Tenant noise over landlord

29 Replies

I have a situation, I am house hacking a 3 family house and I am living on the 2nd floor. My 3rd floor tenant keeps to himself and is a older gentlemen. However, most mornings I am woken up by him walking and the floor is really creaky! And most mornings he will start moving/walking at 2:30am-6am and it’s so loud it wakes me up and I continue to toss and turn and not get much sleep.

What can I do? What should I do?

P.s. his rent is low for the market, only paying $625 a month. His unit is outdated b/c he’s been there for 15 years!

Seems to me you pretty much have 3 choices:

1. Get ear plugs to use at night to dampen the noise and help you sleep

2. Deal with the noise as is

3. Update the floor/subfloor upstairs to get rid of the creaking 

You own the property so if the creaking is impacting your quality of life that much it's up to you to fix it.  The tenant isn't doing anything wrong so there is nothing to change in regards to their habits. You could even ask him if the creaking bothers him and perhaps if it does, maybe discuss updating the flooring and a subsequent rent increase for the new updated flooring in the unit?  I would just be careful how you approach it because having a good (presumably) tenant for 15 years is a blessing so don't chase them off over some creaks in the floor. 

Us old guys gotta get up to pee several times a night & we don't have those old chamber pots under the bed anymore. 

Good luck on solving the creaking, we have one & both the old floors & stairs creak like crazy. When we tore up the old carpet (3 layers of it) I spent time screwing down the old 3/4 plywood but it did not work, so we sill have creaking. When we rehabbed another unit I put down heavy 5/8 OSB screwed & glued it to the floor joists, yet we still have one area that will squeak as you walk over it. I am convinced its a sistered floor joist moving against each other that were not property secured.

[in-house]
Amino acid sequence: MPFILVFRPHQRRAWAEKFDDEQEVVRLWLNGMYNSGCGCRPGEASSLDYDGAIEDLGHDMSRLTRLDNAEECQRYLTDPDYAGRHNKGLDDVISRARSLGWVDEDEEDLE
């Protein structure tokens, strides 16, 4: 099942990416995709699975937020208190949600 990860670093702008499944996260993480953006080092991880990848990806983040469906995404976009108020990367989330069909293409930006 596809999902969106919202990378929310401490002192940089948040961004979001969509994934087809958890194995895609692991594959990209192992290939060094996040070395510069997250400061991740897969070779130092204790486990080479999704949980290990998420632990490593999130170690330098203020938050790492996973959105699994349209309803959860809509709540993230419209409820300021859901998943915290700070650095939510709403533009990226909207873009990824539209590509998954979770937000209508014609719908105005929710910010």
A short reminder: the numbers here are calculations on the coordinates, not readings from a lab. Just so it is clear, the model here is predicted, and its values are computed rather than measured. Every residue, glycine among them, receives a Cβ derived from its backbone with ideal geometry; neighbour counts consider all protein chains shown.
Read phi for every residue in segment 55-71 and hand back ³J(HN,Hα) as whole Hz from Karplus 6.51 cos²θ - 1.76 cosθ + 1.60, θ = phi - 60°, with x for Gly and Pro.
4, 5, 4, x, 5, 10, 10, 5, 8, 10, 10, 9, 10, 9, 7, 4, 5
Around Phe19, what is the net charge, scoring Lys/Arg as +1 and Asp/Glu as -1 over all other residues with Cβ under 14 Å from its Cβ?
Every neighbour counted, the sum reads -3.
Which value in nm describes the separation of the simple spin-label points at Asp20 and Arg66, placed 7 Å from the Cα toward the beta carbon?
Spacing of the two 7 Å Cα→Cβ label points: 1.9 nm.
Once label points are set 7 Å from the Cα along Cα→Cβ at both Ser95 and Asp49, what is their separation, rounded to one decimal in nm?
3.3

Even if you get rid of him there is no guarantee that the next tenant doesn't get up early.

Until you're hard of hearing like some of us Ear plugs maybe your only solution.

I agree with Scott.  I'd also add move your bedroom to another area of the house as an option.  The problem is the floor, not anything that he's doing.  Another option is who is on the first floor?  Once they move out, you  could ask if he wants to move down there.  What about getting a white noise machine for yourself?

@Theresa Harris yes I agree it’s not his fault but the damn floor haha his rent to extremely low and I need to renovate to get market value to get more cash flow but also improve my house value but may be hard with a tenant living there... but yes I’ll have to figure out something for myself for now.. thank you!

Originally posted by @Travis Oakes :

@Theresa Harris yes I agree it’s not his fault but the damn floor haha his rent to extremely low and I need to renovate to get market value to get more cash flow but also improve my house value but may be hard with a tenant living there... but yes I’ll have to figure out something for myself for now.. thank you!

 Is it multiple places or only a few?  You could try fixing the floor in a few spots (secure it to the subfloor) if it is only a few spots.

Scott offered the best advice for this thread. In the future always try to be next to or above a tenant to avoid this kind of noise. I know its not always possible but it does help. 

@Travis Oakes you can install carpet with a good quality pad on his floor and you can have insulation injected in your ceiling. This will be a continuous problem, regardless of who lives on the second or third floor. When I lived in apartments, I would only live on the top floor for this reason.

@Travis Oakes I bought my second property in September and it is a side by side duplex that I'm occupying. I was stoked to not have to worry about much tenant noise. I didn't realize until I had my new tenant move in that there's zero insulation between the common walls and the closets are only separated by "sound board".

There's a ton of information online about techniques and products to use to mitigate this and I have a plan together I'm going to execute over the next few months that involves STC rated drywall and channels. I'm also going to inject cellulose into the stud bays.

This is an issue that I can personally live with but I know it will be something that will come up once I move out and fill with a tenant so I'd rather address it now. I already deal with noise complaints from my other property as it is!

Free eBook from BiggerPockets!

Ultimate Beginner's Guide Book Cover

Join BiggerPockets and get The Ultimate Beginner's Guide to Real Estate Investing for FREE - read by more than 100,000 people - AND get exclusive real estate investing tips, tricks and techniques delivered straight to your inbox twice weekly!

  • Actionable advice for getting started,
  • Discover the 10 Most Lucrative Real Estate Niches,
  • Learn how to get started with or without money,
  • Explore Real-Life Strategies for Building Wealth,
  • And a LOT more.

We hate spam just as much as you